Whilst Jenny amuses herself by playing with the Queen's cardboard container, your next step is to prioritise tasks. Of course, you can conspire to take the easy way out by leaving the Complete Guide unopened in its shrink wrapped plastic and instead grab its companion, The Quick Reference Guide. But be advised that this is a misnomer because The Quick Reference Guide consists of almost the same number of pages as its parent and contains virtually the same instructions. In fact, it is a euphemism for purgatory and should be properly titled, A Quick Reference Guide For The Beginner Sufferer.
Both Guides, however, are in agreement by stating that you hold your fate in your own hands and that if you choose to proceed it will be at your own peril. This is presented by a seemingly innocuous footnote somewhere, "No responsibility taken for damaged goods caused by incorrect assembly."
But you are a General and you soldier on. Like a General assessing the strength of the enemy, you critically view each piece, noting which tactics will yield optimal returns with minimal losses.
The instruction manual appears daunting. You are sure the Queen's manufacturer employs the people responsible for their manuals according to the following criteria:
(a) That they have not tried -and never will- follow the instructions they themselves write,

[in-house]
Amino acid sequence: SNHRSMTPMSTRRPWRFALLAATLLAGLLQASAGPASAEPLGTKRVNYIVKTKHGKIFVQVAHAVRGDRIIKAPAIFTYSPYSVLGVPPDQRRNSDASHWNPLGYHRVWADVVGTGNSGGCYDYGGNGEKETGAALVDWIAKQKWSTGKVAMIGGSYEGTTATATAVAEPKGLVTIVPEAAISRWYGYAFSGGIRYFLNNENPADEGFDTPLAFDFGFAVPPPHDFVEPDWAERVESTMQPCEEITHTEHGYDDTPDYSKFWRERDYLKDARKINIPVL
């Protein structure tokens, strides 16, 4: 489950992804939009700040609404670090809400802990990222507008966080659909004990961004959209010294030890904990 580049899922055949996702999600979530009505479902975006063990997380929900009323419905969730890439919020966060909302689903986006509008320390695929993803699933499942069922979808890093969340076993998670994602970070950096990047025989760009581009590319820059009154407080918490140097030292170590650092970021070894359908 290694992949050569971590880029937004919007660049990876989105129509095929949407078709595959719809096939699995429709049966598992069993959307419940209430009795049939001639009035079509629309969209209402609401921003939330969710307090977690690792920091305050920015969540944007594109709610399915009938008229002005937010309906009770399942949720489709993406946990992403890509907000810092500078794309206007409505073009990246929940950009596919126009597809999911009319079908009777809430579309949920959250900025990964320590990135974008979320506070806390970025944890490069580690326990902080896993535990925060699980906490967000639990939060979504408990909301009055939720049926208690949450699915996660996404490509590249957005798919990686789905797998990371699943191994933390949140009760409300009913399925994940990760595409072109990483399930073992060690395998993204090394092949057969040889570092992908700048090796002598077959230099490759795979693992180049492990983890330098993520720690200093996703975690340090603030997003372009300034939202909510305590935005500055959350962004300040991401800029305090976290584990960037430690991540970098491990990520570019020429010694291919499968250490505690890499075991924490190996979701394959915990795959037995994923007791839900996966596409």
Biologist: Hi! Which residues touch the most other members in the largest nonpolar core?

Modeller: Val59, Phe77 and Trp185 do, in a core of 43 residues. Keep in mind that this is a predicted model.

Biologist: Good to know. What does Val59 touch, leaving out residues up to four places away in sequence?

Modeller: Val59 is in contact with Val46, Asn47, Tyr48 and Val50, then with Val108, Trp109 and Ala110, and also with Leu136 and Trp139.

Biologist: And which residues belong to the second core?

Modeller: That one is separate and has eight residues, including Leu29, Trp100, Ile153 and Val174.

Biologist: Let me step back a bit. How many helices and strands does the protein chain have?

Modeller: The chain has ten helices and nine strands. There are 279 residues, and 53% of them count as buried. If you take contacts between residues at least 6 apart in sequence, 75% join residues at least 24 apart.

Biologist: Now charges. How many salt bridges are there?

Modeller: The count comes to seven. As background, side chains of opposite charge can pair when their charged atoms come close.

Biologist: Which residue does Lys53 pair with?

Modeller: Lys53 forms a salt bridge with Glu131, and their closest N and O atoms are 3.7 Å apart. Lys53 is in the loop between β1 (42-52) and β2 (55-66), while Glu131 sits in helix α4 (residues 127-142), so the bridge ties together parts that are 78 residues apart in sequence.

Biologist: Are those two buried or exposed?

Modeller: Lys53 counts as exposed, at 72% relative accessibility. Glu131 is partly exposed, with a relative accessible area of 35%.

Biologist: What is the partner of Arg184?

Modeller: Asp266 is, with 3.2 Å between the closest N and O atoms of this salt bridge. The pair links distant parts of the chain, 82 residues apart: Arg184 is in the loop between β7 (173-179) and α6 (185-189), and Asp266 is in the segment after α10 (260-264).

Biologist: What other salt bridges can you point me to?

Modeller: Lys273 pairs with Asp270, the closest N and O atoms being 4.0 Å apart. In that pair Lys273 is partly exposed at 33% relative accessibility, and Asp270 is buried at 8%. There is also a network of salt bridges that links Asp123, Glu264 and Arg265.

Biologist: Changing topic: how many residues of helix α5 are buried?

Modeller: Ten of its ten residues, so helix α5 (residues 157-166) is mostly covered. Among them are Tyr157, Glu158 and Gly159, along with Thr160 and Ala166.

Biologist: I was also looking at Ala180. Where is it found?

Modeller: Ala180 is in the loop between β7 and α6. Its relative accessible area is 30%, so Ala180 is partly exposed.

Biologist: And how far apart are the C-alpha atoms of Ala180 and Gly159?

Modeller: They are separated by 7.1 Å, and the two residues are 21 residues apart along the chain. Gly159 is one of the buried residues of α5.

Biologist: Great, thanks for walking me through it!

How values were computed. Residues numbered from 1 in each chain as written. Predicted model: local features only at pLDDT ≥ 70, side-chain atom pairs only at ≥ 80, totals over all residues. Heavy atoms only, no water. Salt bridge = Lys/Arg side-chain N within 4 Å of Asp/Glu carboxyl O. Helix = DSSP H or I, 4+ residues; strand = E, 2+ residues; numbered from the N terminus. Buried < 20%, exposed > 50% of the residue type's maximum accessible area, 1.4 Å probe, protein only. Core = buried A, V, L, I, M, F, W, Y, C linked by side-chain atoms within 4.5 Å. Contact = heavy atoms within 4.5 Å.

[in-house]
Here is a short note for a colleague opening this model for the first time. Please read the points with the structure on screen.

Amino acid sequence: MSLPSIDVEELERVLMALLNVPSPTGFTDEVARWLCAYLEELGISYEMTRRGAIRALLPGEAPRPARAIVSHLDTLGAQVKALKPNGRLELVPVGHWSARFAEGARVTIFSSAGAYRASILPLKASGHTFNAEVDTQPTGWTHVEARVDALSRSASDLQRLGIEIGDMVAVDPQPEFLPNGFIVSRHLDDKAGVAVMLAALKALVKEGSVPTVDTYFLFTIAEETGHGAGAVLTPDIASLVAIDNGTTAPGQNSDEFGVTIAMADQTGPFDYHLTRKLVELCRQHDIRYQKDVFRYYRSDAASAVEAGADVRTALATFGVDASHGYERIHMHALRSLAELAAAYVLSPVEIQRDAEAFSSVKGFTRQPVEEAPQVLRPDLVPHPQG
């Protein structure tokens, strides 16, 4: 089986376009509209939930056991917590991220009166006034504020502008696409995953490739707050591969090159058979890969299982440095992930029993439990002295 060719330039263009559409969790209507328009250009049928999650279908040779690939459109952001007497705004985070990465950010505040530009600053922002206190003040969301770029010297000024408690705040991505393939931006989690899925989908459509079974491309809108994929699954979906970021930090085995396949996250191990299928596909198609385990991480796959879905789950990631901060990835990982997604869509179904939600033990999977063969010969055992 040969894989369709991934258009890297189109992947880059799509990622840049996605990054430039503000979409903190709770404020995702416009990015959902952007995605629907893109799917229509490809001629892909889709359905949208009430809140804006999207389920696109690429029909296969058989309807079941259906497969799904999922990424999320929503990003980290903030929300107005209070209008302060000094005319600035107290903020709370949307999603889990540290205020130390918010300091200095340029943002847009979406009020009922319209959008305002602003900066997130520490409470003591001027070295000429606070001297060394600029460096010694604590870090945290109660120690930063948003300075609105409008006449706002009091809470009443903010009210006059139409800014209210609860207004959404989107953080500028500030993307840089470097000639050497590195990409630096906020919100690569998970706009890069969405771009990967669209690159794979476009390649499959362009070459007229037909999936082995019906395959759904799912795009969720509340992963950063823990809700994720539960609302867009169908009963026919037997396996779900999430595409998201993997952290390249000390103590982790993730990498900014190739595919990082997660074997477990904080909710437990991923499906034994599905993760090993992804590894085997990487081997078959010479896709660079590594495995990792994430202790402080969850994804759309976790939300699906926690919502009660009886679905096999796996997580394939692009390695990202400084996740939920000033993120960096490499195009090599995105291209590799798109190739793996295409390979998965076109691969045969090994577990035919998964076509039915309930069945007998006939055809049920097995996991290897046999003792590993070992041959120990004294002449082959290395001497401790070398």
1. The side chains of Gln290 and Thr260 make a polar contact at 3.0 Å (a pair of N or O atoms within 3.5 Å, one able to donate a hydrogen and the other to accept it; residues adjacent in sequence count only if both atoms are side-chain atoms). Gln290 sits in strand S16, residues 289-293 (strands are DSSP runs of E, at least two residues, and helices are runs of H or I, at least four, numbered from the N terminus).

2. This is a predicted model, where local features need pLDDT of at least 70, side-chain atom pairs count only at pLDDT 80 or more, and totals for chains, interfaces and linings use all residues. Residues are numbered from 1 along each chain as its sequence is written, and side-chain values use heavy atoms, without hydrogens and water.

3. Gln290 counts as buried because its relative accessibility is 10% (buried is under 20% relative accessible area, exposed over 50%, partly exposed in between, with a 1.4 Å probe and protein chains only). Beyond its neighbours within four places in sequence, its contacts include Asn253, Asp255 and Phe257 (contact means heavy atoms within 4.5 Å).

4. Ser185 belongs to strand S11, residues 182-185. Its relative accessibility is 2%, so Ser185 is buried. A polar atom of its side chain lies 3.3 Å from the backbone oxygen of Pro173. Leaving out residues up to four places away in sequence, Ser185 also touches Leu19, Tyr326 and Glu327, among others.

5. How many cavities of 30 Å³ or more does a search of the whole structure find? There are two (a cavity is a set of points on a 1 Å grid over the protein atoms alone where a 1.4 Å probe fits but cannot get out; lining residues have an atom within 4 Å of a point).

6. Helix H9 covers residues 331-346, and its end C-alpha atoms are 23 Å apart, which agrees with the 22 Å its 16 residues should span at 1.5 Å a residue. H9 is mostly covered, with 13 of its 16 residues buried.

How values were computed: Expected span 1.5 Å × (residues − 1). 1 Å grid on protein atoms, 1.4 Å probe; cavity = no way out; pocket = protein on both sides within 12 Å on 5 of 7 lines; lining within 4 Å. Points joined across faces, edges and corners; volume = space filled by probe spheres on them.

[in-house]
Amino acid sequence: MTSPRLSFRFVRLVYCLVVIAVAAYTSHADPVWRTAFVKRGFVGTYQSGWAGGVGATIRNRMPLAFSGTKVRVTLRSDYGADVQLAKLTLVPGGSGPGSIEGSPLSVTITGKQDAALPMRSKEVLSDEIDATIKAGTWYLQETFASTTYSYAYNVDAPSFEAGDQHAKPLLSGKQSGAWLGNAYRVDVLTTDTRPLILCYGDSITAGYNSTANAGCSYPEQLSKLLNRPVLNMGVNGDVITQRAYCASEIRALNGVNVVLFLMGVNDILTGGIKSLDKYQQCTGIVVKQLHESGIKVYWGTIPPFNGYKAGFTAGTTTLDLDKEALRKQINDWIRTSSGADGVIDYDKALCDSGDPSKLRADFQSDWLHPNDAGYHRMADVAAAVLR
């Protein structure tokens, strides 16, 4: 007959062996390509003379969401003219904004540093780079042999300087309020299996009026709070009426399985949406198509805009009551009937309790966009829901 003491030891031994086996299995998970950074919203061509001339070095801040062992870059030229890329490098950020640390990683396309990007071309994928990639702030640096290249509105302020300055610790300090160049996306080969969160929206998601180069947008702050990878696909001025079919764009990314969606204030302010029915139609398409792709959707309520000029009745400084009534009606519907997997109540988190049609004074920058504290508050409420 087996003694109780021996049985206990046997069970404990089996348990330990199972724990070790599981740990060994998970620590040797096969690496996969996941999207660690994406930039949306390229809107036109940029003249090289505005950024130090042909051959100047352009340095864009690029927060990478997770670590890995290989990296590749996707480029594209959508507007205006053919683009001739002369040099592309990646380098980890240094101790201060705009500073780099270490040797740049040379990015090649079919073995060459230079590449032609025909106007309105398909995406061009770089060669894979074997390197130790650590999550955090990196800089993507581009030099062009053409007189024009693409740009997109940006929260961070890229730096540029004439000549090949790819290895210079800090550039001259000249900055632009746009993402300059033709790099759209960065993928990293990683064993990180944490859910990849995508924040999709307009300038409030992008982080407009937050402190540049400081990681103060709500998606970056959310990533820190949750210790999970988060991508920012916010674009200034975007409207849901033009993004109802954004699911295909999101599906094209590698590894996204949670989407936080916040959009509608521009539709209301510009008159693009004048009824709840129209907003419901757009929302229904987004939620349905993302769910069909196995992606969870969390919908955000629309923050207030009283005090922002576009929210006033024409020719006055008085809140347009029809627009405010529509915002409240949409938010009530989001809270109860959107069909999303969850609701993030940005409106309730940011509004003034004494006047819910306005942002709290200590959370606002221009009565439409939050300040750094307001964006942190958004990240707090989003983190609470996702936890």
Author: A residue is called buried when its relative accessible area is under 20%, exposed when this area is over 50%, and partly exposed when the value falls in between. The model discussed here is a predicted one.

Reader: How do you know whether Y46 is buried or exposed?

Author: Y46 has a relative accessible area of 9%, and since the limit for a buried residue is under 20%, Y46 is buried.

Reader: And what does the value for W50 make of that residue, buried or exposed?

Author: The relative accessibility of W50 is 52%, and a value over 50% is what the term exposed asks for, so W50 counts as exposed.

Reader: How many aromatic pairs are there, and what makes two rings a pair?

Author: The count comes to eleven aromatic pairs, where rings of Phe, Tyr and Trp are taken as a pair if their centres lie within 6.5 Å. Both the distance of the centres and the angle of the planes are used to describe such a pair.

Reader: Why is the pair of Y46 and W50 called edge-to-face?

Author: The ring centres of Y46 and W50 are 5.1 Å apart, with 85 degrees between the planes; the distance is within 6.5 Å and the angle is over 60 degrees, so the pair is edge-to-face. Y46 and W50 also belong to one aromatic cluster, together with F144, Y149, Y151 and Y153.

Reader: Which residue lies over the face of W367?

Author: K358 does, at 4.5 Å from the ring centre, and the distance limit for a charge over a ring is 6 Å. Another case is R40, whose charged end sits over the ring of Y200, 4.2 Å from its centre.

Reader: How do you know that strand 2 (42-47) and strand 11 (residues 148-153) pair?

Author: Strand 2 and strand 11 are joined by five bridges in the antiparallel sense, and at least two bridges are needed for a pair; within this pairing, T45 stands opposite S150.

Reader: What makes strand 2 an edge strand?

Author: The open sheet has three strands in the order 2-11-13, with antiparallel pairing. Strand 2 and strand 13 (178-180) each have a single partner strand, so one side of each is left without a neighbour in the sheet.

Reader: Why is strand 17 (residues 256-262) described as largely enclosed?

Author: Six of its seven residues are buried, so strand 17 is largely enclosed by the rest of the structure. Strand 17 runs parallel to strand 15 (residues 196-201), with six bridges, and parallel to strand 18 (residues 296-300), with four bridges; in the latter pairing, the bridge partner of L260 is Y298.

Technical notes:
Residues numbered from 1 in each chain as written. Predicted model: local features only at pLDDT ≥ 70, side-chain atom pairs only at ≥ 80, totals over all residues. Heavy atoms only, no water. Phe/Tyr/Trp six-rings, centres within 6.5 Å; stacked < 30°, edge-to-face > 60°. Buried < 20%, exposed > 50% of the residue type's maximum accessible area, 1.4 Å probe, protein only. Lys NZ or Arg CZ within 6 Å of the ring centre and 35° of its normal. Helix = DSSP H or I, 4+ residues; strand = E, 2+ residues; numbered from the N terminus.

(b) That the instructions form part of their doctoral dissertation,
(c) That they collude with the medical profession to promote accidents arising from misunderstood safety precautions involving screwdrivers, sharp edges and bouts of laryngitis produced from the tirade of expletives released when part A will not fit into slot B,
(d) all of the above.
And may the gods be merciful if you somehow commit the unpardonable sin of having unused parts remaining! This is tantamount to a slap in the face to the artists and technical personnel who meticulously assign a purpose for even the humble screw and nut.
Several hours later and the Queen's residence is taking shape. Never mind that several of the windows are not quite vertical (a slant of 25 degrees is really not all that bad), that the heavy plastic doors do not close properly and that the spiral staircase is missing several rungs and balustrades. The pitched roof seems sound enough, the fencing is almost upright and the furniture is glued in position. Even the unexpected blotches of dried excess glue suggest a lived in look.
Jenny asks why there is a microwave oven in the bathroom, but you dismiss her query with the reply that it is very natural for people to want to eat while they take a shower.
"What about the sink in the dining room, next to the fireplace?" she asks with a child's innocence.
"When Father Christmas comes down the chimney, his hands are dirty and he needs somewhere to wash them," you might say.
Your final act is to move your construction against the wall, away from the middle of the room. This can be done easily enough by carefully sliding the Queen along the carpet.
"But Grandpa," Jenny explains, "I don't want it here. I want the doll house in my bedroom upstairs!"
Next morning, the garbage truck will have an unusual load to collect! I wander how the Queen will look straddled upon a pile of refuse. But I will not witness the pickup because I will be busy purchasing a Princess.